I never thought I’d see the day–my big bike, down in Portland!
Previous trips have been on Amtrak with the small bike, but now that BoltBus is in the Pacific Northwest, anything that fits in the luggage bay is welcome. The experience is quite different than taking Amtrak Cascades, but it’s cheap and it worked!
The bus picked us up on the east side of Union Station, right where S King St runs into 5th Ave S. A northbound BoltBus was at the curb so it was apparent where to go, but otherwise there was no signage or attendant. My ticket confirmation suggested I show up 15 minutes early and I think that’s because there’s not much one can do before that time. We all milled around until our bus arrived and then awkwardly milled around more, not knowing what to do. Eventually, we all rushed at the luggage bays to shove our stuff in. I heard someone describe the experience as “You get what you pay for” and it is indeed cheap, but the driver was very nice and when he noticed my bike, he cleared out one of the luggage bays (the whole bay! I felt a guilty I was given so much room!) and then helped me lift in the bike.
Here’s a picture of the bike in the luggage compartment before I put my small wheelie bag on top of it. I removed the Yepp seat and shoved it alongside to make the bike lighter and smaller, but it looks like it would have fit even with the seat in place. I also removed the WideLoader and stowed that inside a FreeLoader bag, but that may have fit on the upper side of the bike as well. Either way, it’s easier to manipulate with fewer poking-out appendages.
As for on board the BoltBus, my main takeaway was: it’s much smaller than the train. Duh. It looks so big from outside, but once we were confined to our seats and surrounded by extremely quiet people, it felt very very small. A four-hour train trip with little kids is long, but it’s helpful to fill the time by walking repeatedly to the dining car for a change of scenery. And the train seats have that useful table. I thought the bus would have seat-back tray tables like an airplane, but we only had a drink holder by our feet. So we didn’t bother with coloring and made do looking out the windows. Everyone else seemed to be traveling solo so all the chatter was from us: “Mama! Mama! Cement mixer truck!” and “Ooh! Train tracks!”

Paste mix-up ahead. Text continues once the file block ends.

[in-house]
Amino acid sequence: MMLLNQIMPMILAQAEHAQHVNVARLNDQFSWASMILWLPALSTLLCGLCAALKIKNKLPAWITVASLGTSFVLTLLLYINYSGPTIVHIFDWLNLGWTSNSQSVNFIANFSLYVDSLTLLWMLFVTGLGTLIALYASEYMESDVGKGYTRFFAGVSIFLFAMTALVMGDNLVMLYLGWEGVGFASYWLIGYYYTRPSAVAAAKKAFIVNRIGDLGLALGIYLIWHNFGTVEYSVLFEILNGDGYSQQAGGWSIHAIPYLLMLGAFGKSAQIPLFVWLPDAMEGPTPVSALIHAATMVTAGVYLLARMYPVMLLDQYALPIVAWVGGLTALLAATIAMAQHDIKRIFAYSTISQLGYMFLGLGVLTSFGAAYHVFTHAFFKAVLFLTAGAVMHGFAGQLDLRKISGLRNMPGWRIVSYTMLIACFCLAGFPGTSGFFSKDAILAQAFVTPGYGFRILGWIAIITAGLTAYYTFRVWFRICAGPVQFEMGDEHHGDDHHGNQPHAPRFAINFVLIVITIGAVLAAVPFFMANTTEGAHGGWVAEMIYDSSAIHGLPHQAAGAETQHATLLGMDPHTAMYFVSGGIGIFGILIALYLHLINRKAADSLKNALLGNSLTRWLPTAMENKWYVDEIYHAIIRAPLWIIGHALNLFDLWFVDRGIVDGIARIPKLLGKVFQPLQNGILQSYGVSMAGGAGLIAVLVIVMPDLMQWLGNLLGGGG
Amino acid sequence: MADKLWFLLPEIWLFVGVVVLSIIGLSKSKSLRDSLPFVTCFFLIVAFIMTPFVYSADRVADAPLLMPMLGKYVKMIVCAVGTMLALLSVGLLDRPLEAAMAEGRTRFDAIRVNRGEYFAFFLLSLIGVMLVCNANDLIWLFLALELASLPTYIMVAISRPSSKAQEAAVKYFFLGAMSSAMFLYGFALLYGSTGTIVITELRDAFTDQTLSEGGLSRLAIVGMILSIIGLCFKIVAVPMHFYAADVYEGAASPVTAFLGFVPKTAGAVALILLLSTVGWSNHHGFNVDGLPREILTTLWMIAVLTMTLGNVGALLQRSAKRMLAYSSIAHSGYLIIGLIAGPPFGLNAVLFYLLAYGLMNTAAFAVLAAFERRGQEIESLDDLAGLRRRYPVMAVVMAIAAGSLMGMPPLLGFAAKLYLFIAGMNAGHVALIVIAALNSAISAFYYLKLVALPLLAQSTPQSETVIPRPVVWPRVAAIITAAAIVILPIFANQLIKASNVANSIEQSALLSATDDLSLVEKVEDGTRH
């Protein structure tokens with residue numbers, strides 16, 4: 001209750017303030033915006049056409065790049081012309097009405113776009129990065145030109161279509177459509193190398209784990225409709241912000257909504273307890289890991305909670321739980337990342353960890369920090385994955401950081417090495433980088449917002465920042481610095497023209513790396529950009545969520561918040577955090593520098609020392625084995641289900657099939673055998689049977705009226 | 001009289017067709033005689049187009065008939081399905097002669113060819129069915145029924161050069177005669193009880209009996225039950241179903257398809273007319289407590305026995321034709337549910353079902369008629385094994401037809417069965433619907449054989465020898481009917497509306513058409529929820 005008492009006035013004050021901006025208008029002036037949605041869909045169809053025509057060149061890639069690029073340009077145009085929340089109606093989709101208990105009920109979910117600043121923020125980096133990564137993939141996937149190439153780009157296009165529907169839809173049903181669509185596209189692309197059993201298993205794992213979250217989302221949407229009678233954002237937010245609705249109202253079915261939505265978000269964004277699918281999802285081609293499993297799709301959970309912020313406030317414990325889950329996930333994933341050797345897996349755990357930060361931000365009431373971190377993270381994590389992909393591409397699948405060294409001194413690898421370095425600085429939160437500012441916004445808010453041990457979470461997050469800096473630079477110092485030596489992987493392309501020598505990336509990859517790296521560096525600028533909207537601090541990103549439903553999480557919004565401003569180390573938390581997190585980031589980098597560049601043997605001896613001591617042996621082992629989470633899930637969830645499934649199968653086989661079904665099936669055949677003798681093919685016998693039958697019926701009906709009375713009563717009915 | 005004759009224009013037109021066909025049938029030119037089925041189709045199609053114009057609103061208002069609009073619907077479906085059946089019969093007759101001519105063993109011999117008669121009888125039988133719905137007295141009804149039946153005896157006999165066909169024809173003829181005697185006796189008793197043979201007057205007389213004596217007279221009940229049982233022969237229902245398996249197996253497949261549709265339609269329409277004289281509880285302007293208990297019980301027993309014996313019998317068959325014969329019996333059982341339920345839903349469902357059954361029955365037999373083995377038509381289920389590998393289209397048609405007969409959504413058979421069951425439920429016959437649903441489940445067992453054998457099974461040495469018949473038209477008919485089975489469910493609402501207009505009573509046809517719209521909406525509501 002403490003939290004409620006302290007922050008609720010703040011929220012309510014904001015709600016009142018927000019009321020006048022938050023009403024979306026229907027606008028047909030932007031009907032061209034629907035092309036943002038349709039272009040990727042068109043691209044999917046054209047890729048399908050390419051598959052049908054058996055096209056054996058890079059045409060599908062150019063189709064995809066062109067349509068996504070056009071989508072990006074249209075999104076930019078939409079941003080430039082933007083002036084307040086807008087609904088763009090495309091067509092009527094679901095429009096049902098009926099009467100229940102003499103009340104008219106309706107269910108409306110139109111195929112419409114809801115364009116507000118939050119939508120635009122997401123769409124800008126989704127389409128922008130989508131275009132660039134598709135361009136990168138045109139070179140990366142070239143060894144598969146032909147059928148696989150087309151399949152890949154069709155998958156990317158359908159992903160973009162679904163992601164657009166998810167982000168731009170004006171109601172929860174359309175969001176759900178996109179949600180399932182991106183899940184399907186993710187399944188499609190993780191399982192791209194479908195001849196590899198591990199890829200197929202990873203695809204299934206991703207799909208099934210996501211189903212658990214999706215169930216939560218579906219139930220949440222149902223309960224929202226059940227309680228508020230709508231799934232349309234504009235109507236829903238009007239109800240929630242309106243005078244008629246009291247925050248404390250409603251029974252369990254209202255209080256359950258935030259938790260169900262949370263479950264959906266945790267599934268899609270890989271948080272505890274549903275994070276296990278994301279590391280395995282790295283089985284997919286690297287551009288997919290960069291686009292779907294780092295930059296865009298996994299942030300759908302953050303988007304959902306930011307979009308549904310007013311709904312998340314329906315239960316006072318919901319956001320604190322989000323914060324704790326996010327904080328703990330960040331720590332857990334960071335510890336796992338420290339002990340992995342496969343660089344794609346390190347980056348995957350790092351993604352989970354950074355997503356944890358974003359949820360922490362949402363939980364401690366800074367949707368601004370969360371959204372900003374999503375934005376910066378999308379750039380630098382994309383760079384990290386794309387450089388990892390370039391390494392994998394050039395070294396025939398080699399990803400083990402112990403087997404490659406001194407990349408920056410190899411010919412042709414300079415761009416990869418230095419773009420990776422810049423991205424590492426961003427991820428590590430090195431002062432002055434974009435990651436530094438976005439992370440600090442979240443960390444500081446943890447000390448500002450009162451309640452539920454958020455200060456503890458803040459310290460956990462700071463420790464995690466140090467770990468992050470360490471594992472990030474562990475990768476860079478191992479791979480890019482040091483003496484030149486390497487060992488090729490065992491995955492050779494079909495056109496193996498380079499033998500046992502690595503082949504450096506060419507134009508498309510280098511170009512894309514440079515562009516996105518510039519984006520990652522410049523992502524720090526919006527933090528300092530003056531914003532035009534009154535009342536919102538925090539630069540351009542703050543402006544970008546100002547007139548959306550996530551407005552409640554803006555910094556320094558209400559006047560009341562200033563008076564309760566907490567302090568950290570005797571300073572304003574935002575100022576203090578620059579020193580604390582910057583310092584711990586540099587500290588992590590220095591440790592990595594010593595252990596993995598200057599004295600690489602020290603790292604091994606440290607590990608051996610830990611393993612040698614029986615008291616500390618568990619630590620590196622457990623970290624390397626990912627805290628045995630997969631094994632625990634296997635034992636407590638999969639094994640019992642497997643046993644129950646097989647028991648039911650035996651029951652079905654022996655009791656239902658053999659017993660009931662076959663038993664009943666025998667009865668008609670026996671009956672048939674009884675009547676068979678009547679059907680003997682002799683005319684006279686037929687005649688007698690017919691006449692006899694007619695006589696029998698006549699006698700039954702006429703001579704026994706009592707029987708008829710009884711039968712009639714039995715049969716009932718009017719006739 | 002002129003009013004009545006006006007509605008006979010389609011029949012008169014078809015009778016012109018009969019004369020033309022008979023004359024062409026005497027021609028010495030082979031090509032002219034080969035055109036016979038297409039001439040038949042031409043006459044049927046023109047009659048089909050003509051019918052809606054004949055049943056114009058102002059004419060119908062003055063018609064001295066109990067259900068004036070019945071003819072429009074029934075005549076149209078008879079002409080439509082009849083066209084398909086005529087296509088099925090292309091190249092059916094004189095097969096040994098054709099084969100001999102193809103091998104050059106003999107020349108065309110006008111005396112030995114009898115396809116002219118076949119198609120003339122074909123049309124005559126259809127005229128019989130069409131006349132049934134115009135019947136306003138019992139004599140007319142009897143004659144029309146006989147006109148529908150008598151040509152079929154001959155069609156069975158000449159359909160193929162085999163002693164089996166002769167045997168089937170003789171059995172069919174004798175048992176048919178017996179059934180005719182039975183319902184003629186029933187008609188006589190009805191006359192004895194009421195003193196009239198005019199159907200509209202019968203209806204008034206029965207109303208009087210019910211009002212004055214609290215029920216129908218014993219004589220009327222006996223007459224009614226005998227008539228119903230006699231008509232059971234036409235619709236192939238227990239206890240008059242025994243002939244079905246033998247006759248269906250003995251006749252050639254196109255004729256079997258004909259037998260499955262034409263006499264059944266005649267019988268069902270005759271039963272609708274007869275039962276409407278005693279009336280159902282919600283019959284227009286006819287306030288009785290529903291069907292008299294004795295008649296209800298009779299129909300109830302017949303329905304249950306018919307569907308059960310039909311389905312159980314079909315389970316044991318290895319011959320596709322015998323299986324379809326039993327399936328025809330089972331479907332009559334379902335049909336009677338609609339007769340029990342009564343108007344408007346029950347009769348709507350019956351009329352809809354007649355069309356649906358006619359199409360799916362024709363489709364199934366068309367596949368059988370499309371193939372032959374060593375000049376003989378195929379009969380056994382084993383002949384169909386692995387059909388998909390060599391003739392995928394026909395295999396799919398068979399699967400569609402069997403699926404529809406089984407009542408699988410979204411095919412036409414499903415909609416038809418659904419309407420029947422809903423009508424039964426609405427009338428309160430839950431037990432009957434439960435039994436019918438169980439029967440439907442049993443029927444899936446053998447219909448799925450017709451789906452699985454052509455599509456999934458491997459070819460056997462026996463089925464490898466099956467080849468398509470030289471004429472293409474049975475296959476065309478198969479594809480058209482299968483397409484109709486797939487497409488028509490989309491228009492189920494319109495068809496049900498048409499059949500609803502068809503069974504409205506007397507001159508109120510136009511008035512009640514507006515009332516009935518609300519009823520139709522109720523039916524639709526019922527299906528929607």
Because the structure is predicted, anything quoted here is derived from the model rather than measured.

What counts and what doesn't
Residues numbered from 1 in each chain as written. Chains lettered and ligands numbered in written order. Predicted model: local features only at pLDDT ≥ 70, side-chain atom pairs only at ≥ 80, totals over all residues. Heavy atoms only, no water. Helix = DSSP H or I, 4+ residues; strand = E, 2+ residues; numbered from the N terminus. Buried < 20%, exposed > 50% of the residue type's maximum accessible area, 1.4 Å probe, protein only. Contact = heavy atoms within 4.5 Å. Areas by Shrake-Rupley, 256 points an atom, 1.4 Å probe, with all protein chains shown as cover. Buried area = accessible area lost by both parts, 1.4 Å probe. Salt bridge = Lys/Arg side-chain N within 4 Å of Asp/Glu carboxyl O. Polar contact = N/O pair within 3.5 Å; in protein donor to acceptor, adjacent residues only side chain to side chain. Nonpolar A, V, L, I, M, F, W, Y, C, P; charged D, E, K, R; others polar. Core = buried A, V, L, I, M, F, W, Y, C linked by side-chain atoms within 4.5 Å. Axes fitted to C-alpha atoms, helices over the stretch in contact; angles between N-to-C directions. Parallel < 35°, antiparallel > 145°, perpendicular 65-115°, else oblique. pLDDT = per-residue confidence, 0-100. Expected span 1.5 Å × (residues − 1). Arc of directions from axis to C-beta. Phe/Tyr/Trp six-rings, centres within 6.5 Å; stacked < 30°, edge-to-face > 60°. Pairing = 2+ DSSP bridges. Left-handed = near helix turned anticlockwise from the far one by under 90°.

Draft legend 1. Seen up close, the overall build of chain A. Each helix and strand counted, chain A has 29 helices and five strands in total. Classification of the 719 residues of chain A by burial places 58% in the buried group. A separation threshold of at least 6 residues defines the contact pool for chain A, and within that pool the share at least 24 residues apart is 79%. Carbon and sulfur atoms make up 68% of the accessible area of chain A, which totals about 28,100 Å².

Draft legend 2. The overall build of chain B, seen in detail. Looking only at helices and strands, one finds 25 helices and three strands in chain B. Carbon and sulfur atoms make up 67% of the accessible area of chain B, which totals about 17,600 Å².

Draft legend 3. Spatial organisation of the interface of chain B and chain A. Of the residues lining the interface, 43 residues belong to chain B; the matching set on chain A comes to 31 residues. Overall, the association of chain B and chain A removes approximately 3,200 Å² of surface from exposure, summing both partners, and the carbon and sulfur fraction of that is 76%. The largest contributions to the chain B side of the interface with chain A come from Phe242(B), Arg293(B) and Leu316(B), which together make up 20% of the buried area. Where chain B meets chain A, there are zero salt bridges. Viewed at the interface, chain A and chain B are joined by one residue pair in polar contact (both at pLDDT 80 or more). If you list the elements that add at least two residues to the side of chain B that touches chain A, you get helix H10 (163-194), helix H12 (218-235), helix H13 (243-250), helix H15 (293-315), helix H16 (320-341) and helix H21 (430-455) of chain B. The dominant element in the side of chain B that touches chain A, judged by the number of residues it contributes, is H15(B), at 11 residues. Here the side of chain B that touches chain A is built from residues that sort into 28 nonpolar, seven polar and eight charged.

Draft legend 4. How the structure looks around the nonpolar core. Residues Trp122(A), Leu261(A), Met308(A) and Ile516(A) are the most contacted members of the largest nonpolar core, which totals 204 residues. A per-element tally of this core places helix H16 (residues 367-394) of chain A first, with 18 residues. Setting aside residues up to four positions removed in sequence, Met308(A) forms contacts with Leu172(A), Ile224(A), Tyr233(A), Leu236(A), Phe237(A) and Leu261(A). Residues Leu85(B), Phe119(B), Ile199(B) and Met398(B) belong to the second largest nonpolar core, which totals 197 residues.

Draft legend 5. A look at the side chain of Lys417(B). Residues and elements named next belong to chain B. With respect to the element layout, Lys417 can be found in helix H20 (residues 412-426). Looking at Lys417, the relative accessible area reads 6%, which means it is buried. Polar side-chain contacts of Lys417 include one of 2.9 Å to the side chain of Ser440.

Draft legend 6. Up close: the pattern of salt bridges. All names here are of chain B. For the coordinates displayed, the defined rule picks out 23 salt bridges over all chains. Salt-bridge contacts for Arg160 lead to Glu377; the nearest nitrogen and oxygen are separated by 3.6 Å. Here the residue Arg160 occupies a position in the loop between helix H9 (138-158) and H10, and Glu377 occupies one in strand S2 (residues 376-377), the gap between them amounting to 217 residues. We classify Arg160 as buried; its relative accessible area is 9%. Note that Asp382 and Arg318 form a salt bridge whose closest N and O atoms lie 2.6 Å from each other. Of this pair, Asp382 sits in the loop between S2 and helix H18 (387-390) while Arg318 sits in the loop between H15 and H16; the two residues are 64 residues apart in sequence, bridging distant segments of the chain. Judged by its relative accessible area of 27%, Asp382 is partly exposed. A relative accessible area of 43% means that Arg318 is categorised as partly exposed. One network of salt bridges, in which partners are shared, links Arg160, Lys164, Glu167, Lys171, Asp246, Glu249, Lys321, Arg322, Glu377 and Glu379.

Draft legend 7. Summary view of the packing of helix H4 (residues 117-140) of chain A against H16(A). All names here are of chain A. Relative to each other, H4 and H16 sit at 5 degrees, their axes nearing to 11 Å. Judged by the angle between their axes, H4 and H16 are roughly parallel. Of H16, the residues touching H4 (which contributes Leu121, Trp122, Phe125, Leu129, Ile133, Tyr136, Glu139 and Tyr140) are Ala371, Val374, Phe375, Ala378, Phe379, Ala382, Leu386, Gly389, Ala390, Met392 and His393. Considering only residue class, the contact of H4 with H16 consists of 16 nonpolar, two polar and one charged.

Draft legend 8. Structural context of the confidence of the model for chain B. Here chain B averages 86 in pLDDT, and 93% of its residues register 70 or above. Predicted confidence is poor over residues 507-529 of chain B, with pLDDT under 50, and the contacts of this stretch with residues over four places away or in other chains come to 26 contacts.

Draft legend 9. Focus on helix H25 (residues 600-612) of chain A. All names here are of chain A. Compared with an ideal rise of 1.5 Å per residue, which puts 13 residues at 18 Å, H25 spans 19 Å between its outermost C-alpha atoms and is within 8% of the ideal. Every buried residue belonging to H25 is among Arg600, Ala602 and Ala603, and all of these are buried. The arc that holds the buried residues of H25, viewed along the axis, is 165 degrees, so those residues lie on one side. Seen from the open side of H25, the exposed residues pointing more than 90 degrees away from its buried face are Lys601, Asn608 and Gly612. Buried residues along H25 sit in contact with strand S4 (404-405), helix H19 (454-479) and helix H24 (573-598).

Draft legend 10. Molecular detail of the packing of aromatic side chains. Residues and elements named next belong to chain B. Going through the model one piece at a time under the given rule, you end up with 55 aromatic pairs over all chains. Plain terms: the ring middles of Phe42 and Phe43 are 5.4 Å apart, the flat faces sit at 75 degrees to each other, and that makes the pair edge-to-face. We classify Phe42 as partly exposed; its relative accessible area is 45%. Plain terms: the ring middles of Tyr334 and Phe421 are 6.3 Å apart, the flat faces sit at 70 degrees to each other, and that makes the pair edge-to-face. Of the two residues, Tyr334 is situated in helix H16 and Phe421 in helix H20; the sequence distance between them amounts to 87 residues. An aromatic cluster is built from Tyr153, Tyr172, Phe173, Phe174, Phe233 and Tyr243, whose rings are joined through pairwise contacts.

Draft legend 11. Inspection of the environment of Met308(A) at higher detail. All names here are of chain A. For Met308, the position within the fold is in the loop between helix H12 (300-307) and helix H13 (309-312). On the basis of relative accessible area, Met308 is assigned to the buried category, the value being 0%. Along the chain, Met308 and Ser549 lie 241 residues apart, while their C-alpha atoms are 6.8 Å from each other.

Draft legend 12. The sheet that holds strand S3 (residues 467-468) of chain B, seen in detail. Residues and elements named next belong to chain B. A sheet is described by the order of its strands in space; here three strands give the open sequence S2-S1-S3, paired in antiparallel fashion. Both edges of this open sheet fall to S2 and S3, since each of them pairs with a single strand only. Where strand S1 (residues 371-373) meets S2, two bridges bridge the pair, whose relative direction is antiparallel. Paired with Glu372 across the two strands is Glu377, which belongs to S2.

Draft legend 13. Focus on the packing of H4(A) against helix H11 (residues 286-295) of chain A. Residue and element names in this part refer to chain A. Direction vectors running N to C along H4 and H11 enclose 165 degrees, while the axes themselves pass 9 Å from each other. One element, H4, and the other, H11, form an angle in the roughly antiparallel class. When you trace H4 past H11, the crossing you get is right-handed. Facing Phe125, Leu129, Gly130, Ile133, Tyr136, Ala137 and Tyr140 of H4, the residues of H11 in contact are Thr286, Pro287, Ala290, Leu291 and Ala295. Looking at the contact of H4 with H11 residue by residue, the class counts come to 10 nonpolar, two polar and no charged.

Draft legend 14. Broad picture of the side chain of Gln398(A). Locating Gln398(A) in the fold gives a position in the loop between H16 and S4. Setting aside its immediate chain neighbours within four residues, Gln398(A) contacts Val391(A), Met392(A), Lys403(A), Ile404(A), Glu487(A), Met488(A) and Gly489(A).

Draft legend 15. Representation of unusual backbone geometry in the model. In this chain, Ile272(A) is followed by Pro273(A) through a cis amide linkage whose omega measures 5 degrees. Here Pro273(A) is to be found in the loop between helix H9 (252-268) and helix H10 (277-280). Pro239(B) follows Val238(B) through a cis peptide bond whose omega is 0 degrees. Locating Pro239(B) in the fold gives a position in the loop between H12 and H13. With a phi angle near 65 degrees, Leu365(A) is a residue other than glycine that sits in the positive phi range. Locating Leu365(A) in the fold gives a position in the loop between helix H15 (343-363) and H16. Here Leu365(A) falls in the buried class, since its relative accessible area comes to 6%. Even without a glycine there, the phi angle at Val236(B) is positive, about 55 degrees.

But we survived. The women behind me declared the children excellent travelers. She must like construction equipment, too, I guess. And we arrived 20 minutes early.
I neglected to plan our first afternoon in town, so out of habit we headed directly to Clever Cycles. I figured I could wheel my luggage-laden bike inside and the kids could play on the Lego table while I checked out the pretty bikes. We were in town for the Disaster Relief Trials and I discovered one of the bike mechanics was building himself a Stokemonkeyed Xtracycle EdgeRunner to compete in the e-assist class. He did his best to scare me. Or maybe he didn’t mean to scare me with his “Oh yeah, last year I was like you and thought civilian class was just going to be a fun ride with friends. It wasn’t. Not at all. So hard.” Nice guy.
Fortunately, Clever Cycles didn’t have a Nihola cargo trike on the floor so we didn’t have to do any test riding. The kids just love the window on the front of that bike–specifically to test ride with the big stuffed doggie in the shop because it is SO FUNNY to have that stuffed dog looking out the window. And between the potty breaks and pep-talking mechanic I made playground plans.
We found Kath and her bakfiets at Grant Park and check out her snazzy new Radio Flyer wagon canopy:
I wish I’d taken a picture without my bike in front, but here’s the whole thing, sort of:
And just to throw one only-in-Portland thing at you: Slappy Cakes for brunch the following day, which even on Friday had an hour-long wait. Yes, that’s a hot griddle right in the middle of the the table. Amazingly, only one finger was burned in the brunch-making process when the three-year old tried to reposition a strawberry, poor little guy. They had fun; I was a nervous wreck the entire meal.